Canadian statistics clearly demonstrate that the costs of Canada's alcohol and tobacco are more than thirteen times those of illicit drugs.  Enforcement for alcohol related crime costs more than three times that of illicit drugs.    Direct Health Care Costs for alcohol and cigarettes are nearly 50 times greater than those for illicit drugs.   Law enforcement costs for illicit drugs, including courts, corrections and border protection, represent only 2 percent of the total costs to Canadians of alcohol, tobacco and illicit drugs in Canada.

The primary reason costs are lower is simply lower usage.   As legalization and permissiveness will increase drug use and abuse substantially, the costs of health care, prevention, productivity loss and enforcement will increase proportionately. 

While a balanced drug strategy will not completely eradicate drug use; it is cost-effective and beneficial to society to deter drug use, and focus available resources for prevention, treatment and rehabilitation on the small percentage of the population who have the greatest need.

The Canadian Police Association Opposes Legalization or "Decriminalization"

There is abundant proof that proponents of drug legalization seek to "normalize" illicit drug use, through the promotion of programs such as "Harm Reduction" over strategies to reduce demand and supply.   Yet, Canada's balanced approach to drug use continues to have a significant positive effect.   We should not lose sight of the fact that the overwhelming majority of Canadians have not used illicit drugs in their lifetime. 

Unfortunately, it is our youngest and most vulnerable members of society who are at greatest risk.  Organized criminals continue target young Canadians as the primary market for the sale of illegal drugs in Canada.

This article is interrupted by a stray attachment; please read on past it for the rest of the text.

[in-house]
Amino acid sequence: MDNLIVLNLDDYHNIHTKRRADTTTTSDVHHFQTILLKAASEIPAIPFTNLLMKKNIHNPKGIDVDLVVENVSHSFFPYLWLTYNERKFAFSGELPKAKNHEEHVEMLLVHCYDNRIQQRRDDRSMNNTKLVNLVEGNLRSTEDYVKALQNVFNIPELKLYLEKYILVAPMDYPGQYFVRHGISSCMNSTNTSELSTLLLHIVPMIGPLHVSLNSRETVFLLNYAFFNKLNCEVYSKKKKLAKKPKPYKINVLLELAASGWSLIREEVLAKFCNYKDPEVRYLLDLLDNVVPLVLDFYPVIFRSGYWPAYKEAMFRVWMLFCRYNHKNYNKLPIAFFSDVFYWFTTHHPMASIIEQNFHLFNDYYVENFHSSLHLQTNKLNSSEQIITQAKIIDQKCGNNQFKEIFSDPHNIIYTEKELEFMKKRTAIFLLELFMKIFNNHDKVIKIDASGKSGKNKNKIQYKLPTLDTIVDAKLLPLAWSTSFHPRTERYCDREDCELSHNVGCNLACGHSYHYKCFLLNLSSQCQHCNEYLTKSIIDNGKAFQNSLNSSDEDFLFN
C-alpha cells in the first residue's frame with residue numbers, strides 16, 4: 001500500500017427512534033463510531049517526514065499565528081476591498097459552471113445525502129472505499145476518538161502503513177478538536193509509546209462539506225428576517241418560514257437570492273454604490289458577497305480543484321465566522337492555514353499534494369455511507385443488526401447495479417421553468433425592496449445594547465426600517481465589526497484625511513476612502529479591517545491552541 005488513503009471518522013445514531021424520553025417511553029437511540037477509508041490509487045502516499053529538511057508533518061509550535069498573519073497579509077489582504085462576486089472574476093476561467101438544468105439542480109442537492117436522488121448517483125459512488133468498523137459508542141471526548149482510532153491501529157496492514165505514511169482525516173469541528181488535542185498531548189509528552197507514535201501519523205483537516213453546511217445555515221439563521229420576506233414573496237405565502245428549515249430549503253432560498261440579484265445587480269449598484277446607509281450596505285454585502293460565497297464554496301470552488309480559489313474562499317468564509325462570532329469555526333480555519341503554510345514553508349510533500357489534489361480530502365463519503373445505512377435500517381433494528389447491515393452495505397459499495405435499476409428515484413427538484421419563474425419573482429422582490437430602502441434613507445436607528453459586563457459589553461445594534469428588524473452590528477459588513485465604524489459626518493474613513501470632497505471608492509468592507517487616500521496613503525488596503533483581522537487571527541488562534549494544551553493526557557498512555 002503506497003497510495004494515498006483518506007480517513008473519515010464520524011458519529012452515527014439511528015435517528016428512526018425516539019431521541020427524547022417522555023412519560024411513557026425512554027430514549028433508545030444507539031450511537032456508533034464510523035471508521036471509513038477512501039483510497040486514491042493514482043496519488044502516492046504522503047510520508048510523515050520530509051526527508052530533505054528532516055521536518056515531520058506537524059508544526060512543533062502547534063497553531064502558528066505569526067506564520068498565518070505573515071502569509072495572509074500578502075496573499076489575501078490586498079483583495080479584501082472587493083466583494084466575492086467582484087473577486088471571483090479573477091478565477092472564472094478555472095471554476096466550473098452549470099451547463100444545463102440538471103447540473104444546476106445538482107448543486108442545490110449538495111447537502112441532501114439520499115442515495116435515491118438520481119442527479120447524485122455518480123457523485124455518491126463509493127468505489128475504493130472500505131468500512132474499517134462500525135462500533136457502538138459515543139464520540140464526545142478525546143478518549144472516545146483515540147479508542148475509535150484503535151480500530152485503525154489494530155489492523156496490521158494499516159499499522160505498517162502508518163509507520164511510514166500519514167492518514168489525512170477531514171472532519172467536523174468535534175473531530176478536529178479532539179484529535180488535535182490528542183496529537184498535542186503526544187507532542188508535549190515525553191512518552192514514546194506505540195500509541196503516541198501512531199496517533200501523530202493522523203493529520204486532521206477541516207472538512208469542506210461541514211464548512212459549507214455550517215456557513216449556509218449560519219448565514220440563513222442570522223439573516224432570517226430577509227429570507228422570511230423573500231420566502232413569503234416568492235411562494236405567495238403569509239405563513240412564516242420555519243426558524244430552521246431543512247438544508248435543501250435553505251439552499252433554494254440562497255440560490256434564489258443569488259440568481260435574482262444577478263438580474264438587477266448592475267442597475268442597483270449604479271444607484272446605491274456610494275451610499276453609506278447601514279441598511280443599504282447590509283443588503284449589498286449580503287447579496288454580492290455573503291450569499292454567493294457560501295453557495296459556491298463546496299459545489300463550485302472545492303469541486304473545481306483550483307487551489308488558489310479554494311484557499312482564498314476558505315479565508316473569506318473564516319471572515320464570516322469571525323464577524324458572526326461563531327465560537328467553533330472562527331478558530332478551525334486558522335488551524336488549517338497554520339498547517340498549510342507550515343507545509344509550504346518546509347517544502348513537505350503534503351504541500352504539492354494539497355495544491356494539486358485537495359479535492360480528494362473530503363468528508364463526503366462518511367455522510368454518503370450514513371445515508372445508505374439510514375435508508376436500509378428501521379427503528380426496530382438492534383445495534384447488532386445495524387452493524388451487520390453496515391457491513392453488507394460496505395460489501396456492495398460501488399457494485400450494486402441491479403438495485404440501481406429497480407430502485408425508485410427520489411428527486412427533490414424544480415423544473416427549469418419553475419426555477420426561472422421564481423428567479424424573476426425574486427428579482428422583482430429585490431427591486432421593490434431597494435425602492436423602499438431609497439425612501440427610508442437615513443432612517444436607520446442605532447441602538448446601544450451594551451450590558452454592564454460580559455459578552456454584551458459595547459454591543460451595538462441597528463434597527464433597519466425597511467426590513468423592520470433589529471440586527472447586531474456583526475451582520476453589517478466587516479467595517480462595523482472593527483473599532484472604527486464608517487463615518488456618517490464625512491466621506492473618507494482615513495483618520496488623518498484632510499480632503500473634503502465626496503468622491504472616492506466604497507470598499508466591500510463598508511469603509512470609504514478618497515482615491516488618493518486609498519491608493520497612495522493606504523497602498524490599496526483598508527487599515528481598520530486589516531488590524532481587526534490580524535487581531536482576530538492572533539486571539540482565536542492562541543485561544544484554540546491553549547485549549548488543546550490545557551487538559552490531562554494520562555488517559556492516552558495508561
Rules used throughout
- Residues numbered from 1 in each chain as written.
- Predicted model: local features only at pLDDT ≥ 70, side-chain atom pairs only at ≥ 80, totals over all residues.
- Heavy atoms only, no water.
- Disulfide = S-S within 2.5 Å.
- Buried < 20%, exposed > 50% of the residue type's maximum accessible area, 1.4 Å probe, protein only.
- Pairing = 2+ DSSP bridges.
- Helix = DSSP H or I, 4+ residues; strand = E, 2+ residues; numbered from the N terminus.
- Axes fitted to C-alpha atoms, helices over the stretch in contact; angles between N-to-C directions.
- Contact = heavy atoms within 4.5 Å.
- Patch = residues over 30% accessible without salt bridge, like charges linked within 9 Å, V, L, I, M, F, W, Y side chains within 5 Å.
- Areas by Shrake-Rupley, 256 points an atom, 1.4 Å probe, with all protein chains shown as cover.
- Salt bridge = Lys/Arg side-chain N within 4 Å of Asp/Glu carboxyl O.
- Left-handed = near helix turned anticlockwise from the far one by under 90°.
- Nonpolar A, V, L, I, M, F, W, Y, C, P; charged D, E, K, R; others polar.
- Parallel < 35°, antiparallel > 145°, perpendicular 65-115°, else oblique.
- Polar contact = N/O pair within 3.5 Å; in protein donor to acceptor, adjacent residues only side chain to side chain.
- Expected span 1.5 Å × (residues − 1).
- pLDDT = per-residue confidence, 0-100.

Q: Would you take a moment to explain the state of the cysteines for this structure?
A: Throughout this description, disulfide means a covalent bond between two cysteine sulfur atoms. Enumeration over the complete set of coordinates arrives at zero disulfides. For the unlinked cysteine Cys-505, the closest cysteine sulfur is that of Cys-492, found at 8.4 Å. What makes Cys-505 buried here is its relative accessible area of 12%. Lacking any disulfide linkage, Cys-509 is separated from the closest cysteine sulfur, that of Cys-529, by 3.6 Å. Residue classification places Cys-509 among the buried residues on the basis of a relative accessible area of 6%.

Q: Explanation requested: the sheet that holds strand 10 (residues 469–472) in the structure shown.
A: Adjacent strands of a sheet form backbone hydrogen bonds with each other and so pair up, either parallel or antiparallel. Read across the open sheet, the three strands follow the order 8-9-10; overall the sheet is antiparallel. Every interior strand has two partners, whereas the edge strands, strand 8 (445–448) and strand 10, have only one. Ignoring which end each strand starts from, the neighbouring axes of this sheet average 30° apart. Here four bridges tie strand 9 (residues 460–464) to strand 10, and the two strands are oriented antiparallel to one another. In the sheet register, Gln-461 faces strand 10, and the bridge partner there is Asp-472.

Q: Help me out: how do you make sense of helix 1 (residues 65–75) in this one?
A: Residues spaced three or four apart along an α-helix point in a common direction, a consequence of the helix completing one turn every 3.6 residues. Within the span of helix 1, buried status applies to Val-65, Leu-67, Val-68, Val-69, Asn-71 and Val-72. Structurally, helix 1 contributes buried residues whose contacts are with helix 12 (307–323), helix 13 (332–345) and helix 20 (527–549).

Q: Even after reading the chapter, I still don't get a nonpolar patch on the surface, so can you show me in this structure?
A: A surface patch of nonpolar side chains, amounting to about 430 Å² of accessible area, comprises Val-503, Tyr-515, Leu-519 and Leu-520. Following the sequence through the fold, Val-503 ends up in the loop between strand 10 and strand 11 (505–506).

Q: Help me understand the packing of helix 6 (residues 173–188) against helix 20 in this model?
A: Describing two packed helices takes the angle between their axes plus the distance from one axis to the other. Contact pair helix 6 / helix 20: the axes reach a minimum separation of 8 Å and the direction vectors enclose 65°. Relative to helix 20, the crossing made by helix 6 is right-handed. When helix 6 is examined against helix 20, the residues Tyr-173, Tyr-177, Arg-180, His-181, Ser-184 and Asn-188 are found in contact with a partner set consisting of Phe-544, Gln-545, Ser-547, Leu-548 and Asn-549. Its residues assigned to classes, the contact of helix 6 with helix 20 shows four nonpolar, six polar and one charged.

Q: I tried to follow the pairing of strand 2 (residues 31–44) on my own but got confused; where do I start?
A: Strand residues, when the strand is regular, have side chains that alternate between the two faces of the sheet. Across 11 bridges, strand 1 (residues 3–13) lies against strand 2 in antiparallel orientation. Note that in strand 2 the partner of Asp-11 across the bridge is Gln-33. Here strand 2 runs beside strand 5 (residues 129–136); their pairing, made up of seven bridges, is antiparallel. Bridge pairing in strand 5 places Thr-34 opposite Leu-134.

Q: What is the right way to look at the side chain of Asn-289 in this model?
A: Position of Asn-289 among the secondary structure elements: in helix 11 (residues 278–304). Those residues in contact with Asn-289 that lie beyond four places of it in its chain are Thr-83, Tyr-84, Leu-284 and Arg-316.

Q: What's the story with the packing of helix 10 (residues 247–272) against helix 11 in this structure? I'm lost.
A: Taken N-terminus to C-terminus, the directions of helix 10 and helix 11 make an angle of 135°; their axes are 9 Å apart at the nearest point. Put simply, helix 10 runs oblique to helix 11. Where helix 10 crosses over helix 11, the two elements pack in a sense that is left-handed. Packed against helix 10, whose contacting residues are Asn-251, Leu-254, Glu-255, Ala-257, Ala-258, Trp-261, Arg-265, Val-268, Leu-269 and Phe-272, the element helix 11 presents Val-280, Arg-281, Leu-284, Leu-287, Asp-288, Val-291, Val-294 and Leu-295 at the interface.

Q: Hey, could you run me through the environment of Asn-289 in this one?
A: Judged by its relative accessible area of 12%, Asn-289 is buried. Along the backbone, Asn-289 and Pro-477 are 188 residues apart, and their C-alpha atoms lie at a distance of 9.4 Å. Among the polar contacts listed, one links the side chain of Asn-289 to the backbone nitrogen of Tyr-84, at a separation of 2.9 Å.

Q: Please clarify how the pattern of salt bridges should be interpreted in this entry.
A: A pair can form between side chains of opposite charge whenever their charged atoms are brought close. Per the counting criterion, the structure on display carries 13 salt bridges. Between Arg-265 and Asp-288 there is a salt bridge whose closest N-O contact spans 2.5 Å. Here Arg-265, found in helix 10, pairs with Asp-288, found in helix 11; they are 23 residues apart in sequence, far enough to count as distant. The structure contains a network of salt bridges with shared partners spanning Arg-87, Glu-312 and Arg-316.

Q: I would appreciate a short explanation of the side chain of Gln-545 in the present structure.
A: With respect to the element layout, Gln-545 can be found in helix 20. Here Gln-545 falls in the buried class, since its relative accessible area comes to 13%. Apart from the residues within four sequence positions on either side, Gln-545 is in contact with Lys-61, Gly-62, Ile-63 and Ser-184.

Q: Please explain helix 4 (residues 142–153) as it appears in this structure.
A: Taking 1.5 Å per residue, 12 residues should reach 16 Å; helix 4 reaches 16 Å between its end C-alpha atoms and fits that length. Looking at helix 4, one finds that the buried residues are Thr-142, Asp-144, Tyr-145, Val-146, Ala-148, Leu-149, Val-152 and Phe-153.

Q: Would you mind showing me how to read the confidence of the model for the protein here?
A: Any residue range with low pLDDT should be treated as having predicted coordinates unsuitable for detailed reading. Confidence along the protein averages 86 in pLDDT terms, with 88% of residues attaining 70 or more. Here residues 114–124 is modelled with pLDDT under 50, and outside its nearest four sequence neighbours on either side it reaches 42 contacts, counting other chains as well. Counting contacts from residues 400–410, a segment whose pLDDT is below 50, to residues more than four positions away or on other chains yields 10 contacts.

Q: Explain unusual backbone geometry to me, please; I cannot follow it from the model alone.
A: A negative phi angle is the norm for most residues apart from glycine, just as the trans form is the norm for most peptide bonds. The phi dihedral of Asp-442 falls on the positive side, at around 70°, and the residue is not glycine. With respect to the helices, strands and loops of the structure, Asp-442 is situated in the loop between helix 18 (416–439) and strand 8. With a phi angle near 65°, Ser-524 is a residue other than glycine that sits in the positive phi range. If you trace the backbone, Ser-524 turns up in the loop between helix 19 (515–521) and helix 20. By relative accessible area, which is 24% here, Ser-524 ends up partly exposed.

The United Nations Office for Drug Control and Crime Prevention, in a February 2000 presentation to the International Drug Control Summit concerning Amphetamine Type Stimulants, suggested a five-prong approach to prevent drug use:

  • Raise Awareness
  • Reduce Demand
  • Provide Accurate information
  • Limit Supply
  • Strengthen Controls

Prevention is at the core of demand reduction.   Sending a message to our young people that cannabis use is not harmful or can be used safely, when there is an abundance of scientific proof to the contrary, is not consistent with any of these approaches.   Treatment and rehabilitation should be available to those who have drug dependencies.

The CPA will actively oppose efforts to decriminalize the possession of illegal drugs, except in those approved instances where drugs are legally prescribed for bona fide medical purposes.

The time has arrived for leaders to enter into the debate, persons of stature in the community who will present positive role models for our young people, raise public awareness about the harms associated with illicit drug use, and put an end to the erosion of public opinion through misinformation and self interest.  We need to reinforce a balanced approach that instils meaningful and proportionate consequences for serious crime, combined with measures to reinforce desired behaviour with our young people.